We had planned to sleep in my dear Sis's guest house on Monday night, but late in the afternoon she called that they discovered a leak in that bathroom that had soaked the whole place.  So the Kenny and his helper sweetly set up our bed in the living room.  It was surprising how well we slept that night!

This story will continue--there's more carpet to be replaced!

Saturday, December 24, 2016


Yes, I'm still here, just have been super busy this month.  I'll start with yesterday and go backwards for a while.

We had a nice visit with my sister and her husband last night.  Dear Son #1 is with us for a while also.  Wayne and Joanne wanted to see our new flooring which was installed this past Monday and Tuesday, so we made a little bit of an evening out of it and had a good visit too.

Joanne also choose the yarn for her socks for this year.  By tradition I give Wayne and new pair of hand knit socks when we arrive in October (his birthday is the end of September), and give Joanne a new pair when we leave.  She choose a lovely Brown Rose Marl yarn--in my favourite yarn for socks, Patons Kroy Socks yarn.  I got started after they left.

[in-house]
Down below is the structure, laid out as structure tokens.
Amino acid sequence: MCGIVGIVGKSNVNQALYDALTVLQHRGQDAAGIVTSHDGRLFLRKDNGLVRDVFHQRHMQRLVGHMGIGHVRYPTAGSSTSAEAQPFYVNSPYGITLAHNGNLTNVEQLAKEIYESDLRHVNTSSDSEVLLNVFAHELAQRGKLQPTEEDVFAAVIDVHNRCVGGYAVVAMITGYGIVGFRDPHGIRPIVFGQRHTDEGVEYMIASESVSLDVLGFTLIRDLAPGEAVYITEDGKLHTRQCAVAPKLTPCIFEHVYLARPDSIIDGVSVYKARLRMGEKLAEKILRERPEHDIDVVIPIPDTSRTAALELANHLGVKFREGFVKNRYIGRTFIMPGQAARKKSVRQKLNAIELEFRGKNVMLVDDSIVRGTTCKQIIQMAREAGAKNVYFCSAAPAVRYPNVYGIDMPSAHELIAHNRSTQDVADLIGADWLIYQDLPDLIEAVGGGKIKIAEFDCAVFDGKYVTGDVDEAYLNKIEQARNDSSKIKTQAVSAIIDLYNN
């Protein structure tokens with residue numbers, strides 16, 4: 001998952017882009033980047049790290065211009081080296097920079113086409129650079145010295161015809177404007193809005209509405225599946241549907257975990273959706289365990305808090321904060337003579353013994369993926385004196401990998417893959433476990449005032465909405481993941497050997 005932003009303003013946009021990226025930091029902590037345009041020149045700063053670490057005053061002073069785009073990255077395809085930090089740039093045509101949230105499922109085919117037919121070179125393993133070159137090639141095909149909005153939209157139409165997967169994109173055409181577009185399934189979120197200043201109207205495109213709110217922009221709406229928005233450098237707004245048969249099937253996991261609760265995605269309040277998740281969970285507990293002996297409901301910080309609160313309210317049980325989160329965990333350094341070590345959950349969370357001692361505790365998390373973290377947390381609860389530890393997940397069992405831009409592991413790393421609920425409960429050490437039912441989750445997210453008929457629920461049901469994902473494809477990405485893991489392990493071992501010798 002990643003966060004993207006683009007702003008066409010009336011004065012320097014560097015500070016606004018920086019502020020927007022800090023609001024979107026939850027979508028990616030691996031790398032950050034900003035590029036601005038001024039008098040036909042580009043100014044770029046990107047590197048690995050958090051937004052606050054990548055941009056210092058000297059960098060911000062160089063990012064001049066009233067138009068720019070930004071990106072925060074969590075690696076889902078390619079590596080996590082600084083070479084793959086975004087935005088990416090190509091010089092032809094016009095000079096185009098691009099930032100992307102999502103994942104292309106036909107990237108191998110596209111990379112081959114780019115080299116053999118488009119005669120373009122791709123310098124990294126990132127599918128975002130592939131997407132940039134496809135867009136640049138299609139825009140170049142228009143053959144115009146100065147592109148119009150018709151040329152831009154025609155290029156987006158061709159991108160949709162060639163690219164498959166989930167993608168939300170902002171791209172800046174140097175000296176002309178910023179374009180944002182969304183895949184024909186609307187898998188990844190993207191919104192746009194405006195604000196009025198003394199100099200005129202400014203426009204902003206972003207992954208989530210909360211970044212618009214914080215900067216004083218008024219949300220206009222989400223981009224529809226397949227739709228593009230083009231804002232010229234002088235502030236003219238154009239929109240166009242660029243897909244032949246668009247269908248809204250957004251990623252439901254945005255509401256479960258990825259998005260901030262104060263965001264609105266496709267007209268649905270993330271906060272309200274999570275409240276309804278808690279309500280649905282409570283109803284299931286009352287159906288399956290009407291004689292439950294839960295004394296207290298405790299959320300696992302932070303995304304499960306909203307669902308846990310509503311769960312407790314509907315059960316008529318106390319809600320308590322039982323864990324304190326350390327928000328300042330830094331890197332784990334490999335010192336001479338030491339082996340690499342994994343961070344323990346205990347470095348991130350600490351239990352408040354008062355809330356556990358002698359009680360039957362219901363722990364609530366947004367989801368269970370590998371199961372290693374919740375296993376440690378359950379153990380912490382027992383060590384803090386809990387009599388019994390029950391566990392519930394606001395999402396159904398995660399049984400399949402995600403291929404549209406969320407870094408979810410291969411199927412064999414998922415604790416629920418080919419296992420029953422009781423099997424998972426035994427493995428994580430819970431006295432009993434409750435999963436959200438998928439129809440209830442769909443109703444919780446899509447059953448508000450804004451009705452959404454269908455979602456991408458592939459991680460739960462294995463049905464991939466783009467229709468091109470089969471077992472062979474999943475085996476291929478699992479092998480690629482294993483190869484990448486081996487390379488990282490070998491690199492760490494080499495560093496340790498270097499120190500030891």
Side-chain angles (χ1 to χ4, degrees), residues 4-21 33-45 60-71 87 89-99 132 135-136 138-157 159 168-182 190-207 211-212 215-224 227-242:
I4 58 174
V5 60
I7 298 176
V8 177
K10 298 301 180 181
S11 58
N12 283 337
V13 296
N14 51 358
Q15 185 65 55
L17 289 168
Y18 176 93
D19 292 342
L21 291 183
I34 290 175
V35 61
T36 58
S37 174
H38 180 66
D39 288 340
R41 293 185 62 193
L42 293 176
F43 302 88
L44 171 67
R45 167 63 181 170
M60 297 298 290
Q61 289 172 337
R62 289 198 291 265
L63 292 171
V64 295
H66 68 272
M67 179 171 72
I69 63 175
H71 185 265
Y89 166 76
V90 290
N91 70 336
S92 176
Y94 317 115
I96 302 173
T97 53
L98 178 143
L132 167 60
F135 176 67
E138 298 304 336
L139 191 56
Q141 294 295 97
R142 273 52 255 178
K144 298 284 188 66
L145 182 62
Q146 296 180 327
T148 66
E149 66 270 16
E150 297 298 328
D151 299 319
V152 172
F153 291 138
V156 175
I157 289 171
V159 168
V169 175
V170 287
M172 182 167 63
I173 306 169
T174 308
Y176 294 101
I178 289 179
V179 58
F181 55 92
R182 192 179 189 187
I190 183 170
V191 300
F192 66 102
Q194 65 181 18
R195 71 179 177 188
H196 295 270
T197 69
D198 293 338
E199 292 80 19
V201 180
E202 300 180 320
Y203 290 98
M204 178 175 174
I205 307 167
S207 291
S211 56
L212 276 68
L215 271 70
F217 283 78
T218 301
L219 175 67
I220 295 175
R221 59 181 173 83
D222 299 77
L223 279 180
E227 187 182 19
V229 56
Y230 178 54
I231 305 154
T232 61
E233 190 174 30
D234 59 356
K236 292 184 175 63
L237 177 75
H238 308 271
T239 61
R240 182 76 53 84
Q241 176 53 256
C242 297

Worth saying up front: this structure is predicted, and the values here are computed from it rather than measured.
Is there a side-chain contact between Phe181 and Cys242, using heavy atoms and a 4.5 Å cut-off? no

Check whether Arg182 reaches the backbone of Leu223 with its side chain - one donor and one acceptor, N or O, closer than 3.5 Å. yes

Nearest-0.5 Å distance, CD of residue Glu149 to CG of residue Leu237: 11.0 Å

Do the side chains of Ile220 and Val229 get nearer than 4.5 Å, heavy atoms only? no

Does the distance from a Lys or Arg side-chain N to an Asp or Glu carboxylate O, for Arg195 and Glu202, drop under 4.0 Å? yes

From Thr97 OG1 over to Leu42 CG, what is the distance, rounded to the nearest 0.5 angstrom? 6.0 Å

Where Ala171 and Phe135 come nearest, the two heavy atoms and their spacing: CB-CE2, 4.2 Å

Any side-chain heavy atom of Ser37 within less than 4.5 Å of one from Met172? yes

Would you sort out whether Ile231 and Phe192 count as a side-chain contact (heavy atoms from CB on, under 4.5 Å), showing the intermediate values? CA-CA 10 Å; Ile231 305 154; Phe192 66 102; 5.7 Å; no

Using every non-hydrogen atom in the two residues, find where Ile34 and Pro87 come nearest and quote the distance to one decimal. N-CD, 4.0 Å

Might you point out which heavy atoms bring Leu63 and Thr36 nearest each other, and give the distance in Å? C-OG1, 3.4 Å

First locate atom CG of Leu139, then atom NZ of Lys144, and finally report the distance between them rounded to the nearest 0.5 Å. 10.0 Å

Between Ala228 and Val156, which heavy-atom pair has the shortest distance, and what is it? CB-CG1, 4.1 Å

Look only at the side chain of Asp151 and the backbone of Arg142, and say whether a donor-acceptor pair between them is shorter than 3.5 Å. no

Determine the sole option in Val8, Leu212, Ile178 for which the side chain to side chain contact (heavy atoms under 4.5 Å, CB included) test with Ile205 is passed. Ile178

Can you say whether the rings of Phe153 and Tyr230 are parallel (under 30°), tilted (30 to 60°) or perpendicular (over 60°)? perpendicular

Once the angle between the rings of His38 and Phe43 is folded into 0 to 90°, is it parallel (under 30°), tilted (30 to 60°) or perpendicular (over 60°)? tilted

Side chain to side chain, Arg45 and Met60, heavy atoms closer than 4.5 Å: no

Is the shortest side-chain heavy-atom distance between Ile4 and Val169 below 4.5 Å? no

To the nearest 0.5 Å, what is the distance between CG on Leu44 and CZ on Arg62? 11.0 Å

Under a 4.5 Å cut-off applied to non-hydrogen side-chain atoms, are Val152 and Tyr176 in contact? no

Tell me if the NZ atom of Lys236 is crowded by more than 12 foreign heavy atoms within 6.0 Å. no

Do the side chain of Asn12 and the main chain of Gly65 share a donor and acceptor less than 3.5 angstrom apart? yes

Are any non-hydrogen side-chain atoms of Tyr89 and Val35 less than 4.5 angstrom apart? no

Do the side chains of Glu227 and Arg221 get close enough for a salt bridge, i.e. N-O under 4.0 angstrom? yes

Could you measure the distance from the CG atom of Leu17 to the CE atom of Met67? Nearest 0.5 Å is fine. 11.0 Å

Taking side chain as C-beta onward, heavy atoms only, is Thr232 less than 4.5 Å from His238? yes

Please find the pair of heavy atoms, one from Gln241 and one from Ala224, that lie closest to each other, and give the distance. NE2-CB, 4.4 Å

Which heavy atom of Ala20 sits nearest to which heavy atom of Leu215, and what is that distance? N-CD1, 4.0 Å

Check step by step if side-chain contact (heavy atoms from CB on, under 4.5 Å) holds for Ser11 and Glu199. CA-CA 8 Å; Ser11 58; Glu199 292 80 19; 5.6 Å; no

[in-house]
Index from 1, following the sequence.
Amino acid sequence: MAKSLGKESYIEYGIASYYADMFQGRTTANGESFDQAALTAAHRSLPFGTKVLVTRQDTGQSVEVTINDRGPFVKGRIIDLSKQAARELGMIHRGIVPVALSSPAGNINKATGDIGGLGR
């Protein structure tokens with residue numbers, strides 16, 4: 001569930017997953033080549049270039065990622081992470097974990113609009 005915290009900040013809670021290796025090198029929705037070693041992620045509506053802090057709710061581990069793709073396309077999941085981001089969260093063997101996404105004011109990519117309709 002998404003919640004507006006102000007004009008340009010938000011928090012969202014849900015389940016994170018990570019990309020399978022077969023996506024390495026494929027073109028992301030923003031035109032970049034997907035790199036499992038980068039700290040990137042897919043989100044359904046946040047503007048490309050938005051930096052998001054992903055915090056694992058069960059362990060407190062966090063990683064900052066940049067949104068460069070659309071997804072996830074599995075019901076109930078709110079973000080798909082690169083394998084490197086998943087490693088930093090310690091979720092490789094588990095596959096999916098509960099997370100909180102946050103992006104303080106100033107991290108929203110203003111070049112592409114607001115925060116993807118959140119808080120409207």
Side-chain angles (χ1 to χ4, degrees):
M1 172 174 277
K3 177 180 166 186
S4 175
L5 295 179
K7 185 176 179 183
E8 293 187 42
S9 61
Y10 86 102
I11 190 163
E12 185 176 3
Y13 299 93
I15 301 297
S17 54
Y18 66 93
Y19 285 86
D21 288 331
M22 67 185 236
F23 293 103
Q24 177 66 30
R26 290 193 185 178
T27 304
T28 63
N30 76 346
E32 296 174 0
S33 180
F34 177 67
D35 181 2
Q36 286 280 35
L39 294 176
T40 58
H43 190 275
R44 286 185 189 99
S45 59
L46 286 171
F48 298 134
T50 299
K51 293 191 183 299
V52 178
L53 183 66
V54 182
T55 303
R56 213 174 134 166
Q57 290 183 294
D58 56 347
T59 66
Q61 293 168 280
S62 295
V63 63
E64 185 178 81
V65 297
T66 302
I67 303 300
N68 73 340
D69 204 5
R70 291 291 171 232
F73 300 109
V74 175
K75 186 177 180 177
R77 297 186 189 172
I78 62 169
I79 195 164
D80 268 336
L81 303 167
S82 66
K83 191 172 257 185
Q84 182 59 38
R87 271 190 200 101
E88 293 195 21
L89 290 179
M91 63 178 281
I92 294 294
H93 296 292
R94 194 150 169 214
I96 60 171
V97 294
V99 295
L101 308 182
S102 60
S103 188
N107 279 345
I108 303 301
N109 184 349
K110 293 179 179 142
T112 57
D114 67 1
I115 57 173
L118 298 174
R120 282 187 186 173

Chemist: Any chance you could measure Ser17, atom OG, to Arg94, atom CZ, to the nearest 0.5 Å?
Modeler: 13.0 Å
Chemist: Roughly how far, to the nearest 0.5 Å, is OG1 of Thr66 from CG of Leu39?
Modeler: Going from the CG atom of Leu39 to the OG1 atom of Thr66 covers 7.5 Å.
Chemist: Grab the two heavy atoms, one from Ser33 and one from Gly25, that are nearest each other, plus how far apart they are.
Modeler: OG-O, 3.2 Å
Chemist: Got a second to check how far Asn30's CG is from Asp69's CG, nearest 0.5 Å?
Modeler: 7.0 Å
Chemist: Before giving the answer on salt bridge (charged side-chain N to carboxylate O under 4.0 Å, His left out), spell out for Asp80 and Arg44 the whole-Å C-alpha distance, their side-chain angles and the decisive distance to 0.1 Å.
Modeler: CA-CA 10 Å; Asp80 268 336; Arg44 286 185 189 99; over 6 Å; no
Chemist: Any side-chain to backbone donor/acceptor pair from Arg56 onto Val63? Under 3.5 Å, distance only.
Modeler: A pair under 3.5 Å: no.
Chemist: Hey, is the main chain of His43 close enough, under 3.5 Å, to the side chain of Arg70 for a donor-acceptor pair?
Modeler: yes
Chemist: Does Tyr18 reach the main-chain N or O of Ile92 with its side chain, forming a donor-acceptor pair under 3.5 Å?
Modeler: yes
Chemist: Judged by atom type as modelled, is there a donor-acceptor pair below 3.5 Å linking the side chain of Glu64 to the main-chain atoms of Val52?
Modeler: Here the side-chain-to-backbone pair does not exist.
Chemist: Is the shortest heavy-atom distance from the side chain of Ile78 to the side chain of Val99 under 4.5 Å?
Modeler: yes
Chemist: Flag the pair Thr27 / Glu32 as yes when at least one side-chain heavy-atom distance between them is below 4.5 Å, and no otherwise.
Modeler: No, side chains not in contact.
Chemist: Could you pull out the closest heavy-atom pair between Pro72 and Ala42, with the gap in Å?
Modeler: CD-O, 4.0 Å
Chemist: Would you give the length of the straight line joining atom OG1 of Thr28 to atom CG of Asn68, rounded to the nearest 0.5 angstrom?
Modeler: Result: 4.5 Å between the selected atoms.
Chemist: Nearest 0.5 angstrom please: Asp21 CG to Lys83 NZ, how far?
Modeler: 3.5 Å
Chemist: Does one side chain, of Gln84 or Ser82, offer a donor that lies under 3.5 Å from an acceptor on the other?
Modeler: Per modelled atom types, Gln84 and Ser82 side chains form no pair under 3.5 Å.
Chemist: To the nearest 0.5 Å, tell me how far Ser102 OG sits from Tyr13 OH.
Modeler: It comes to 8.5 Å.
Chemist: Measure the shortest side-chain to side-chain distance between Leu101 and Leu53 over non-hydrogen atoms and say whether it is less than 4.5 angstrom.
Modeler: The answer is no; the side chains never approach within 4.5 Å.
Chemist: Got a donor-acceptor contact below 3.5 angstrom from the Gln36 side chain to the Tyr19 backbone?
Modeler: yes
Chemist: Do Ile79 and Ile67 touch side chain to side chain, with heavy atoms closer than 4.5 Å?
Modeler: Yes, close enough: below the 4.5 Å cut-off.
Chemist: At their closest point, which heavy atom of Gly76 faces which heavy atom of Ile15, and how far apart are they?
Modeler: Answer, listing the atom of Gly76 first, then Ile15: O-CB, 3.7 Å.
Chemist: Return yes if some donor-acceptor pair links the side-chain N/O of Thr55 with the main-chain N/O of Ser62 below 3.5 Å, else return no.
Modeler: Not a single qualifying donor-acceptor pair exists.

It always seems so strange to me that such a ridiculous little thing surrounded by four needles will actually turn into a sock.  Here's the beginning last night:

Here's the sock this morning (11 a.m.)  You can see that I've spent some time on it:
I needed to have some quiet time after their visit before going to bed.  This morning is a quiet time also.  The three of us (Dear One, Dear Son and myself) are just sitting around quietly reading.  Nice way to spend a morning.

Especially nice to have a quiet morning because later this afternoon I will be singing (in the choir) and playing violin solos in two Christmas Eve church services.  I like doing that, but need quiet time to prepare.